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Dispensing behind bars: Life as a prison pharmacist

A pharmacist speaks honestly to C+D about his experiences working in one of the largest prisons in England

Setting up an interview with a pharmacist who works in a prison is not easy. But after two cancelled visits and a nine-month-long email exchange, I am finally speaking to one over the phone. C+D is not able to disclose the pharmacist's real name – the prison warned him that his personal information could be found online by prisoners – so I have given him the pseudonym Mr Smith.

“Most prisoners are the masters of manipulation,” Mr Smith tells C+D to explain the need for anonymity. “If you know where to look it's relatively easy to find a lot out about people.” There is a risk some prisoners might use their knowledge of prison staff's addresses and who they live with to intimidate them – though he says no prisoners have ever made attempts to influence him.

Nonetheless, “it's unlikely, but it's not a risk worth taking”, he says. “You hear the stories of what has happened. A lot of people on my social media don't use their real names.”

From Lloydspharmacy to lock-up

So how did he find himself in this unusual pharmacy location? Nearly two years ago, Mr Smith moved from a manager role at a Lloydspharmacy community branch to work as a pharmacist in a prison dispensary – one of 42 prisons in the UK where the multiple provides dispensary services.

UK prison

And although he needs to keep his name under wraps and says he misses the patient relationships, Mr Smith has found the benefits of working in prison are sufficient to keep him from returning to community pharmacy.

He works hard to deliver optimum healthcare within the constraints of prison conditions, dispensing medicines for six prisons that in total accommodate around 5,000 inmates. He spends half the week in the dispensary in one of these locations, a room approximately 10 x 5 metres large with two barred windows. The other half of the week, he works with the five other nearby institutions.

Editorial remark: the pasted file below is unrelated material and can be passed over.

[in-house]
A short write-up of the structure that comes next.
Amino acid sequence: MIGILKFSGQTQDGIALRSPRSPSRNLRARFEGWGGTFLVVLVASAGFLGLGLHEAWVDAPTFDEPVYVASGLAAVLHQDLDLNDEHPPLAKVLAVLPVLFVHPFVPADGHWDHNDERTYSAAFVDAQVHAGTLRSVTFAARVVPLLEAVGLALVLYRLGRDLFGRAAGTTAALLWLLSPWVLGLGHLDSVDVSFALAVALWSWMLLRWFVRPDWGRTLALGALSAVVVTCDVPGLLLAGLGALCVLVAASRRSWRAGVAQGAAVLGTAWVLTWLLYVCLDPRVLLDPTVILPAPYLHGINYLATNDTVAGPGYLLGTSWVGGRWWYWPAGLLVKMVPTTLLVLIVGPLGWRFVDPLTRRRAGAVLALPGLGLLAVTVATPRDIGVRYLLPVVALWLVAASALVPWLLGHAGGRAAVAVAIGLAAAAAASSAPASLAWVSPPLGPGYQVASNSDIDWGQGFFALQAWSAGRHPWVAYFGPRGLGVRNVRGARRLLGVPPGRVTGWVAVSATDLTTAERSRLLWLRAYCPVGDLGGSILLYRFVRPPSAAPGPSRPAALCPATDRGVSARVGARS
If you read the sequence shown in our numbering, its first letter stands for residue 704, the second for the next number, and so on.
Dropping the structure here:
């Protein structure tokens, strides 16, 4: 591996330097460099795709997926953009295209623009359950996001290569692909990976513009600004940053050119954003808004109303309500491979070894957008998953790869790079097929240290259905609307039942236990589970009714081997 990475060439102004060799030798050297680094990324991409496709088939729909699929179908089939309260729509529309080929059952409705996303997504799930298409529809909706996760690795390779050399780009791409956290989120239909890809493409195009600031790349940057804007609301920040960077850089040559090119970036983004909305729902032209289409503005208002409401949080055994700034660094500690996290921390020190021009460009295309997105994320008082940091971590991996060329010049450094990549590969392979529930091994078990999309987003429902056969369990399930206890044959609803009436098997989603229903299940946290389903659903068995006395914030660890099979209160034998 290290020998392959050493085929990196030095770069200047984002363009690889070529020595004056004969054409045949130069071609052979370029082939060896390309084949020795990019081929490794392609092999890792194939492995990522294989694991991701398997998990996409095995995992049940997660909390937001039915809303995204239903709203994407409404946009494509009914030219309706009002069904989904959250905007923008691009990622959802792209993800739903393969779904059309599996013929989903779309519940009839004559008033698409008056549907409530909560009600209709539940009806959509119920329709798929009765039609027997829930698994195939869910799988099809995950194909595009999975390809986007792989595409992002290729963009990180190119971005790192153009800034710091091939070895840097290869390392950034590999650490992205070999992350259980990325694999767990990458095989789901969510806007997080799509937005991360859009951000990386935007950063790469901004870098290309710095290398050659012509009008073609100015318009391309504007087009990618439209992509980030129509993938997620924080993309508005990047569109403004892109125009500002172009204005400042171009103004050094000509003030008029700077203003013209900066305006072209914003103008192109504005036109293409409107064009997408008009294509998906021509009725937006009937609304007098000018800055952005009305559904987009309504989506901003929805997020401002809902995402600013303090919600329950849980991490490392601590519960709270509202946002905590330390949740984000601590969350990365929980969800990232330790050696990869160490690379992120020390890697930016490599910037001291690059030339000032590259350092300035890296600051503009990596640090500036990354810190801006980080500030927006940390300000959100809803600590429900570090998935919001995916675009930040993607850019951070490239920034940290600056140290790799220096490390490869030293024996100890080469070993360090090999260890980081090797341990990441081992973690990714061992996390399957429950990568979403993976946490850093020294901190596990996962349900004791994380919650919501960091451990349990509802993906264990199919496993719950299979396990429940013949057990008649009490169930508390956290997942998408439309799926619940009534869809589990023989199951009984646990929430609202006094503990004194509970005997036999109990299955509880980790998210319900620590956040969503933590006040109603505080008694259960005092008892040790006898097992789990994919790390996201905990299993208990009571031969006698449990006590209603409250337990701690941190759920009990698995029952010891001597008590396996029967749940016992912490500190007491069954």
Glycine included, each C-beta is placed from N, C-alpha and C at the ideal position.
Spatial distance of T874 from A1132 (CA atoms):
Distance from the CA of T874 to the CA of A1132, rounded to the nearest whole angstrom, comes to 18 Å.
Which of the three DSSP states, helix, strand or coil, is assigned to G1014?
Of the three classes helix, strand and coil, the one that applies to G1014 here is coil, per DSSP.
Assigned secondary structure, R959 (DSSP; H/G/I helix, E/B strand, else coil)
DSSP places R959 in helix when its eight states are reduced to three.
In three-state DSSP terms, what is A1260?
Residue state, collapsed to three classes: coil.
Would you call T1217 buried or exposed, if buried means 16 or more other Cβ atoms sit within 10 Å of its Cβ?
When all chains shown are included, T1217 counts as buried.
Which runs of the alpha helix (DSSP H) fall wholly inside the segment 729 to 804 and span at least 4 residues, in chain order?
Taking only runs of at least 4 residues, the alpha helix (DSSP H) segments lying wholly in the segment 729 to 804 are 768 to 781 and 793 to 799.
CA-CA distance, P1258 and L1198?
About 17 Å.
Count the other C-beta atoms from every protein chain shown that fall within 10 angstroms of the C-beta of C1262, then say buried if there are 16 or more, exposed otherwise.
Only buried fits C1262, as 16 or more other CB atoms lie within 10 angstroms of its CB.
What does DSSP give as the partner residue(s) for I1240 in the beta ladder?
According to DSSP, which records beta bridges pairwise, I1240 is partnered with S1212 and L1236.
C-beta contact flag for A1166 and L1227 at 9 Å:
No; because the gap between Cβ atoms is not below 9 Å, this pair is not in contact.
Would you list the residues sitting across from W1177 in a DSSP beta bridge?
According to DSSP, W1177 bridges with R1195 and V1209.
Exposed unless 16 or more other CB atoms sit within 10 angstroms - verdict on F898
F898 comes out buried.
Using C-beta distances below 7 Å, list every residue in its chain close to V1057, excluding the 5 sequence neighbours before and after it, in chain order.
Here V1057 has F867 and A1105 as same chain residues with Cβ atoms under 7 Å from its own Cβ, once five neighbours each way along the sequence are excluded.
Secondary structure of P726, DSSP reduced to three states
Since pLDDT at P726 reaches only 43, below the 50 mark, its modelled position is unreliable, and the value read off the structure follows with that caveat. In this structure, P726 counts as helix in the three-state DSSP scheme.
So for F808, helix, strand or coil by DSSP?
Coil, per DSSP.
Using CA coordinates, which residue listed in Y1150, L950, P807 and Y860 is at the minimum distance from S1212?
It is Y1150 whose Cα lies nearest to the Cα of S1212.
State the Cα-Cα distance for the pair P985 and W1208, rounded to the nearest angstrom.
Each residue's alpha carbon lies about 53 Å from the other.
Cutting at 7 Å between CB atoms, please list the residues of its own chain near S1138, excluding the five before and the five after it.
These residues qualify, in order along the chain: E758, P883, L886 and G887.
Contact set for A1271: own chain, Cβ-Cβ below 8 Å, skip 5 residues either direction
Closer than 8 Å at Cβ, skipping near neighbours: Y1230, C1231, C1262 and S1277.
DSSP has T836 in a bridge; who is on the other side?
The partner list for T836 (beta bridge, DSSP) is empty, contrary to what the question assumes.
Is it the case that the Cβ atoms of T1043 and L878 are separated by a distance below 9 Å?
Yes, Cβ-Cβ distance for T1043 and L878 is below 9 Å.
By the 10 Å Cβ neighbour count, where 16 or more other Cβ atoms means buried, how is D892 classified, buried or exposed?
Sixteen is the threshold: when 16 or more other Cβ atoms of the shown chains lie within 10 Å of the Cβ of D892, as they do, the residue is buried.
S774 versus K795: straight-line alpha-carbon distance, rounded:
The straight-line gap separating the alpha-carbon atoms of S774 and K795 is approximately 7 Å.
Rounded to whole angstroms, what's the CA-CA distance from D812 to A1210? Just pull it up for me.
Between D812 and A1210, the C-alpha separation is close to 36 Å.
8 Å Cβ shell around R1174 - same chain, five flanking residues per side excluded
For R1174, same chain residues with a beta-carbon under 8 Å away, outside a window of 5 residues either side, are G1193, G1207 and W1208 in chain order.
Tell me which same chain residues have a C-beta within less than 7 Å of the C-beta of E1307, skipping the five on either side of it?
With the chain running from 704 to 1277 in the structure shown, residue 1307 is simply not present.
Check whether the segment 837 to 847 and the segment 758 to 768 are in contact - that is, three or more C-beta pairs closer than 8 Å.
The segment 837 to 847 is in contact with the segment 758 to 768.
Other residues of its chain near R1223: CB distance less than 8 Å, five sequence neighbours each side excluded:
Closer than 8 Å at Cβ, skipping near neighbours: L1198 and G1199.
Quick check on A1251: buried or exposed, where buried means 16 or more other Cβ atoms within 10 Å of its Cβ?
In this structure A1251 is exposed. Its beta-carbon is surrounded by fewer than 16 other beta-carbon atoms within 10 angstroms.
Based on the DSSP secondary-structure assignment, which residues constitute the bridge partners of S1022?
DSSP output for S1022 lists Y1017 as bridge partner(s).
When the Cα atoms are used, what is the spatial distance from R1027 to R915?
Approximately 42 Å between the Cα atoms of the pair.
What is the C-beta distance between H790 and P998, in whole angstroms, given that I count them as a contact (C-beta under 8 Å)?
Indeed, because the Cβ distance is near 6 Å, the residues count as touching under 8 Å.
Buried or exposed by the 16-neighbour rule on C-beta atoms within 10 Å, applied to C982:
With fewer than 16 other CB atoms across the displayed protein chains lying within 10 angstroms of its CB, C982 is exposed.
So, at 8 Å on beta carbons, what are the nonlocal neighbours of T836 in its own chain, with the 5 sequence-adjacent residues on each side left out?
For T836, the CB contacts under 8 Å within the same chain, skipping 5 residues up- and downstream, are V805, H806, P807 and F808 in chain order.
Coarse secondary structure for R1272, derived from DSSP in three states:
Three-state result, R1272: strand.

He is not alone. Mr Smith is joined by another pharmacist, an accuracy checking technician and eight dispensers, along with 15 nurses and several GPs who also work in the prison.

“You're constantly learning in here, because it's constantly changing and evolving,” he says. “I spend quite a lot of time talking to GPs. Some days it will be complex and we'll go through cases and work out the best way forward. I'm lucky that I work in an environment where there is close working.

“Some community pharmacies do have that close relationship with the surgery, but some don't,” he continues. “If we all worked together, the whole of healthcare would be better, because it's going to deliver the best outcomes.”

“You miss the regular patients”

A fundamental part of the primary care team, Mr Smith is involved in healthcare initiatives that can be rolled out across the whole prison network.

“There's a lot of multidisciplinary team meetings, where we'll sit down and discuss patients' cases and what's the best way to go. I like the ability to make a difference – not just for that individual patient, but as a collective,” he says.

But there is one thing he misses from community pharmacy: the relationships with patients. In the prison, there is face-to-face interaction through services such as medicines use reviews (MURs), asthma reviews and long-term condition management – but these are by appointment only.

“You miss the regular patients, the ones you get to know and have a chat with,” he says. “You might see the prisoners quite a few times, but they're not the stereotypical customer you get to know really well, who comes in three times a week. It's much more structured than the community.”

A different way of dispensing

Another key difference is the type of medication he dispenses. There are “a lot of people” having treatment for substance misuse, though he stresses they are not the majority of the patients he sees. There are also more patients receiving drugs – such as antipsychotics and antidepressants – for mental health problems than you would find in your typical community pharmacy.